If you are reading this online, consider yourself lucky. According to the World Economic Forum, nearly four billion people out of the Earth’s 7.5 billion people have no access to the Internet.

The WEF lists lack of infrastructure, affordability, lack of skills, awareness, cultural acceptance and lack of local adoption as factors which contribute to the so-called digital divide. 

Affordability is a major factor, and WEF states that for the 13 percent of the world population below the poverty line, it’s a major hindrance. They further state that broadband is only affordable for 100 percent of population in just 29 countries.

AirFox is planning to help change the way Internet is accessed by people in developing countries, so that it becomes more affordable and accessible. They plan to do so by using a combination of advertising and micro-credit.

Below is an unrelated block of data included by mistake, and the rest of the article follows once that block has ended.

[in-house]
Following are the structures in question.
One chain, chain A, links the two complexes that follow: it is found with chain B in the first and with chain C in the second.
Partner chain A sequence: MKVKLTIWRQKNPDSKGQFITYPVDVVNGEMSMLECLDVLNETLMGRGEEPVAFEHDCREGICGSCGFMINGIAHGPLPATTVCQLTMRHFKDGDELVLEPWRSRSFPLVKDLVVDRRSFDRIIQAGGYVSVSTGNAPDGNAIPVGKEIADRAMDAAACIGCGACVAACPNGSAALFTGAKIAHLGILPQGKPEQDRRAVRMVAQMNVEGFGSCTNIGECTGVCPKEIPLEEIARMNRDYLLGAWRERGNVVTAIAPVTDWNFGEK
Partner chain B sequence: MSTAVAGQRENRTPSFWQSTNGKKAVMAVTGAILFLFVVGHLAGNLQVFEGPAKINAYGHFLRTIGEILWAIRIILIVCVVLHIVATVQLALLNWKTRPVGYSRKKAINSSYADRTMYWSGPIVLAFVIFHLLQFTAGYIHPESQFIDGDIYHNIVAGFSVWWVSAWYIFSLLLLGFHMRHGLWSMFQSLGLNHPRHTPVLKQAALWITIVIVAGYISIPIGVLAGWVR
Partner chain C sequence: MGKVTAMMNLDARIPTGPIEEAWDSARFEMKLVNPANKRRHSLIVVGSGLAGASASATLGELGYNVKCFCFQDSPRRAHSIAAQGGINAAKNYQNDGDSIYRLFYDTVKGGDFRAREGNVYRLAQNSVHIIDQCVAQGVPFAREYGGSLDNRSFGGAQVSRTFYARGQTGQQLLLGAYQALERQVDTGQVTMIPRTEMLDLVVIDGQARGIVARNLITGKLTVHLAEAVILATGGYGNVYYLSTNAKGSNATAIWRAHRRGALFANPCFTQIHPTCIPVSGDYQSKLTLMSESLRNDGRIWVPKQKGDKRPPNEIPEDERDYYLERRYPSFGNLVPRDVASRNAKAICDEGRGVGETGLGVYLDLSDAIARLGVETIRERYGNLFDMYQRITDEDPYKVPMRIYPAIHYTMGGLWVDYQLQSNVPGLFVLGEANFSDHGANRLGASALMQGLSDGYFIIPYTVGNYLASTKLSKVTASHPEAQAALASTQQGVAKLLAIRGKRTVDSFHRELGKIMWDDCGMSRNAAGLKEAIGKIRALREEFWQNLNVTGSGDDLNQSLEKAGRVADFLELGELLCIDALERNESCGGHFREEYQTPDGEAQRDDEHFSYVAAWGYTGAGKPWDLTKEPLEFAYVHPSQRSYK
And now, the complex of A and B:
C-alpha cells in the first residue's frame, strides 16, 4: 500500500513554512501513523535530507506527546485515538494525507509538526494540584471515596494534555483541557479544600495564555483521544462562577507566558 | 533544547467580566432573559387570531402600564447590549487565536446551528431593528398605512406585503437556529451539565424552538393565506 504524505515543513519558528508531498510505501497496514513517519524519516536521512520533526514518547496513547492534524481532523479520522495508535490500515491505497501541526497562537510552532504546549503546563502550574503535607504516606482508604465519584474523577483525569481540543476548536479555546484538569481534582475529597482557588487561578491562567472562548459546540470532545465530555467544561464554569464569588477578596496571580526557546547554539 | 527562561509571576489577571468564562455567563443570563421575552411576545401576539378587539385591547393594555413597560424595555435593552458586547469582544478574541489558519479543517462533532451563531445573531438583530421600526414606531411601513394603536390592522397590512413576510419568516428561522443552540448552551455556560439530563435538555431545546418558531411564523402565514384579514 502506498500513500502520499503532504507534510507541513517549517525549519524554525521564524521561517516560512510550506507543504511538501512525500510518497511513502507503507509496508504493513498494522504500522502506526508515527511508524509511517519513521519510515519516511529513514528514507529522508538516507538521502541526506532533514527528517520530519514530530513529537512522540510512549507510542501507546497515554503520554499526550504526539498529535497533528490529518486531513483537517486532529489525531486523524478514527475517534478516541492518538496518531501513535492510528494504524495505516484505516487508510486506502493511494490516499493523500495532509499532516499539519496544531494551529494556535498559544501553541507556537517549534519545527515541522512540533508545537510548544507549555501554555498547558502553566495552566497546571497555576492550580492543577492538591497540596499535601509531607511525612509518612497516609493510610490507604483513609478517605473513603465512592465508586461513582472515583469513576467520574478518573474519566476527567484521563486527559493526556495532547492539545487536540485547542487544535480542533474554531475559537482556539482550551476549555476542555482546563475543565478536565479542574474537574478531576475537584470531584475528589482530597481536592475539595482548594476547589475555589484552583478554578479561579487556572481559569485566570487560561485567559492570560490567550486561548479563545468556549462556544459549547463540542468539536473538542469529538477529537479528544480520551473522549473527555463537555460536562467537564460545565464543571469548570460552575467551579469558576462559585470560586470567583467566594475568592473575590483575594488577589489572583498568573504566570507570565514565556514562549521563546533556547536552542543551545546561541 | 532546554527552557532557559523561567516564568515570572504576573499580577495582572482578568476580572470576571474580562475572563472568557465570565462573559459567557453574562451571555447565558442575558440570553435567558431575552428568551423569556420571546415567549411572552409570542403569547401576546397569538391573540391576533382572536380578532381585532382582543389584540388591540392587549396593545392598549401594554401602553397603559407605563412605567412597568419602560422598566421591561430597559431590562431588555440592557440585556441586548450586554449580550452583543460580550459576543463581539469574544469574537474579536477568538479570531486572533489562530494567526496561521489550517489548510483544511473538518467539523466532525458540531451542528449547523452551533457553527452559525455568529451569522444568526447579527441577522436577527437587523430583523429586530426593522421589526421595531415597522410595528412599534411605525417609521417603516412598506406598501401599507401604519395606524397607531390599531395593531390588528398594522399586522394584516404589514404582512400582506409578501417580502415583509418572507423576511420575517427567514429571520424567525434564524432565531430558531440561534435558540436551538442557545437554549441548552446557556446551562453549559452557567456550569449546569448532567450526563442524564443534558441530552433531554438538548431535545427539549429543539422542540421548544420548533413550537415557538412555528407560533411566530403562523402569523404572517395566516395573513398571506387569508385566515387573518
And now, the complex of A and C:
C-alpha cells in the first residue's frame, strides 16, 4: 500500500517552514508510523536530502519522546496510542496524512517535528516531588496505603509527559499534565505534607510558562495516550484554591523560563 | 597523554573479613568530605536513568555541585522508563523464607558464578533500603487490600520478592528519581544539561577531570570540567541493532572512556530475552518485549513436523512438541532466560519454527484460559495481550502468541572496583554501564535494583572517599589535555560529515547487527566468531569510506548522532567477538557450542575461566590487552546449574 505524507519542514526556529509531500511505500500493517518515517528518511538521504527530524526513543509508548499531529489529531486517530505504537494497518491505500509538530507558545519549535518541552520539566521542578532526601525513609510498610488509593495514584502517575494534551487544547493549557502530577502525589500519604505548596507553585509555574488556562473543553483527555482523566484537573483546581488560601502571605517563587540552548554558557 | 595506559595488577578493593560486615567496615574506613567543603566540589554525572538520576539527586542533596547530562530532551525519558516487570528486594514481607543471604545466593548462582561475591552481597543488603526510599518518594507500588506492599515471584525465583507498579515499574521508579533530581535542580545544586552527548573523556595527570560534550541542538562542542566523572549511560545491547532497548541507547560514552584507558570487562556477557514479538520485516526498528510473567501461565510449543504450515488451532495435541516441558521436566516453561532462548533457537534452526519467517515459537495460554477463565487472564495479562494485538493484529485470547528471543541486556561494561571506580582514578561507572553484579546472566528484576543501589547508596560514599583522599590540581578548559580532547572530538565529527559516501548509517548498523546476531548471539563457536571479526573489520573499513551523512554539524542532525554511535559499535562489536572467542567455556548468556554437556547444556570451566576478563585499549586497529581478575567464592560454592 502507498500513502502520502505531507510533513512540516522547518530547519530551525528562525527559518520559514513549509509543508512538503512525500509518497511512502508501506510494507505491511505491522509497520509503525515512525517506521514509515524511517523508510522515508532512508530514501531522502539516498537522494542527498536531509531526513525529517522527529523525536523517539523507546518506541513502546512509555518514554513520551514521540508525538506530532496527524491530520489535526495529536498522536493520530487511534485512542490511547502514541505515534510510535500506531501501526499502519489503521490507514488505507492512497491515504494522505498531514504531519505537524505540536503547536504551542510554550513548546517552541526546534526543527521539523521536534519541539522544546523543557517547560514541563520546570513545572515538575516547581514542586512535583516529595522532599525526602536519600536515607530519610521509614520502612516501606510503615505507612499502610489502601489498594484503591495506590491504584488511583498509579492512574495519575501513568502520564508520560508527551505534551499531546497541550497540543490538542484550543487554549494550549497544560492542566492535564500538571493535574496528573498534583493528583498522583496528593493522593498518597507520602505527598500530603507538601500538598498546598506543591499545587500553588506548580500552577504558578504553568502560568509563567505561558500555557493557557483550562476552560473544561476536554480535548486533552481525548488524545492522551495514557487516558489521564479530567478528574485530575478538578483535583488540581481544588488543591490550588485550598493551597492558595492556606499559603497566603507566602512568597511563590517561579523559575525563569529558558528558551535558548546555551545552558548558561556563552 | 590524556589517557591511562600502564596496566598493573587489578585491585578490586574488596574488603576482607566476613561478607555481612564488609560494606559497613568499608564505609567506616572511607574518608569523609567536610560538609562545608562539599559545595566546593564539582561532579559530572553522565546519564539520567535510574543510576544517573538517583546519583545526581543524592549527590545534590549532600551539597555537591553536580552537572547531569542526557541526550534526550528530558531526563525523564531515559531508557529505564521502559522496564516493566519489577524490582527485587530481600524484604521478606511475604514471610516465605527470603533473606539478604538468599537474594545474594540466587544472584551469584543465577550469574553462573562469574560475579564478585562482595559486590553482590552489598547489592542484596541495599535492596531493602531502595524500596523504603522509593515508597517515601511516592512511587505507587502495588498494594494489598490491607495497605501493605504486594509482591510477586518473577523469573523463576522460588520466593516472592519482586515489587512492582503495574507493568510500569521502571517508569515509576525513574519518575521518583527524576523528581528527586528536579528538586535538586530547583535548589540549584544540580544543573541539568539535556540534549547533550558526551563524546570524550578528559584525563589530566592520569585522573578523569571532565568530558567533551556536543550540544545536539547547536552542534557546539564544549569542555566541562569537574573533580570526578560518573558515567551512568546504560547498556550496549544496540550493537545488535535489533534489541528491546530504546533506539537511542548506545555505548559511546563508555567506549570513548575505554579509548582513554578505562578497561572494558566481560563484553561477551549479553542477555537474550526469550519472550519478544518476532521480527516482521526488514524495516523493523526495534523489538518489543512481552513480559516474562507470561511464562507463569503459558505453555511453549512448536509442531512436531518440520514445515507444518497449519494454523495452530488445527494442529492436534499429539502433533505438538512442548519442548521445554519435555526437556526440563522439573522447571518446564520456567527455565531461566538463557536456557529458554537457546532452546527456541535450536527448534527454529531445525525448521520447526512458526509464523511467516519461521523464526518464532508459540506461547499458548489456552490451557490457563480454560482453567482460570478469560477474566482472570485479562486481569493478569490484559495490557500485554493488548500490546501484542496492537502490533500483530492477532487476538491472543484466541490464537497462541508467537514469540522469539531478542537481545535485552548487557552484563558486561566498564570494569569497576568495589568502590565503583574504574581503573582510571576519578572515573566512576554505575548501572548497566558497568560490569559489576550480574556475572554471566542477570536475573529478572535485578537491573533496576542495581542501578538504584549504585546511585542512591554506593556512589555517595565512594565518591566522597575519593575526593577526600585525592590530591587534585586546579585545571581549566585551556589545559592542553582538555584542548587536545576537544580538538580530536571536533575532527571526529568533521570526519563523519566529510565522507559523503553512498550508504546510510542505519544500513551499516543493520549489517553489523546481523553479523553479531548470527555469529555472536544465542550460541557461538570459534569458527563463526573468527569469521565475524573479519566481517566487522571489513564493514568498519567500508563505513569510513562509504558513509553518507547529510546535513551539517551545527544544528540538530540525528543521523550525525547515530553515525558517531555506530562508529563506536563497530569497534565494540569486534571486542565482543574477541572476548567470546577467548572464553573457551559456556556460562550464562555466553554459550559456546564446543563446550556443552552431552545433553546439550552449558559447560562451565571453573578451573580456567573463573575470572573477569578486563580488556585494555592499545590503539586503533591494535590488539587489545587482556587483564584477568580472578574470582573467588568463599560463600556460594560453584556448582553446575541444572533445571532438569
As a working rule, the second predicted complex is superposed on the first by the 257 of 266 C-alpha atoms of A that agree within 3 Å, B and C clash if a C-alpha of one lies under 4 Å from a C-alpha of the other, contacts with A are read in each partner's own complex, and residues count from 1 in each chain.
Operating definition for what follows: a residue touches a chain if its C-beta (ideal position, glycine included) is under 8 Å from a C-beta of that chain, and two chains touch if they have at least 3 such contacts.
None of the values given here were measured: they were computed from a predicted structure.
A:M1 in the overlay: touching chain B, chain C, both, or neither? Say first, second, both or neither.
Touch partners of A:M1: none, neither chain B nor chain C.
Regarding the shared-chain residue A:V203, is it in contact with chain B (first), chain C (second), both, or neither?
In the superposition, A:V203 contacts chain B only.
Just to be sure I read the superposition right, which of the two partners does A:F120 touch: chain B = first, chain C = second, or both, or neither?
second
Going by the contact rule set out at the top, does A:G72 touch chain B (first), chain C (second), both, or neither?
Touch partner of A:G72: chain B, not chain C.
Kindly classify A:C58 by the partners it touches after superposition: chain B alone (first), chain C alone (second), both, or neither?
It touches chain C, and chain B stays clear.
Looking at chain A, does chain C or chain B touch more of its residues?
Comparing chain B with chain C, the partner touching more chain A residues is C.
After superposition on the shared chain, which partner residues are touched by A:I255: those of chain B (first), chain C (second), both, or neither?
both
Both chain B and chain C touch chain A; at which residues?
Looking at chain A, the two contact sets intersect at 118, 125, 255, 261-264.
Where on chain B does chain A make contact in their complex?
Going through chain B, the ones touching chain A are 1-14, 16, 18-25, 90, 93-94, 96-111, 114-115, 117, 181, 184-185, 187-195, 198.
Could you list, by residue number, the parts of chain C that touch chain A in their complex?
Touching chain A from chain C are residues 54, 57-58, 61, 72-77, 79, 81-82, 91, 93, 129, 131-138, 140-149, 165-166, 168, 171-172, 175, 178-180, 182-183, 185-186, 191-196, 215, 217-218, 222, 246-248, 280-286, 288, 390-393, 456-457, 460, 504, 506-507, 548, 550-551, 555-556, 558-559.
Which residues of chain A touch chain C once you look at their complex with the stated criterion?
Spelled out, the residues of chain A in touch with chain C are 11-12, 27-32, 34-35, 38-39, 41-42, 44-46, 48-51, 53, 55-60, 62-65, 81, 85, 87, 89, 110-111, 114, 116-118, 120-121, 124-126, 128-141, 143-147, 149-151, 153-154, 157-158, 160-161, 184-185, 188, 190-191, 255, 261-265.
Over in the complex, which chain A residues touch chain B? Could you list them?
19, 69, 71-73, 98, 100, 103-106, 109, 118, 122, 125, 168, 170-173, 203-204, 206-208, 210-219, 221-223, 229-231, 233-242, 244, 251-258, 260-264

AirFox is raising funds through a crowdsale

The AirFox initial coin offering (ICO) is due to start Sept. 19, 2017 at 10:00 am EST. The crowdsale will last for 31 days.

The tokens being launched are called AirTokens (AIR). There are plans to sell a total of 1.5 billion AirTokens in order to raise a maximum of $21 mln.

The amount of available AirTokens during the crowdsale is 1.05 billion or nearly 70 percent of the total tokens. The token is based on Ethereum Blockchain, and they can be exchanged after operations commence for mobile data and digital services, as well as physical goods.

The redemption of the tokens can be done through the AirFox Recharge Android app, as well as the AirFox Browser app.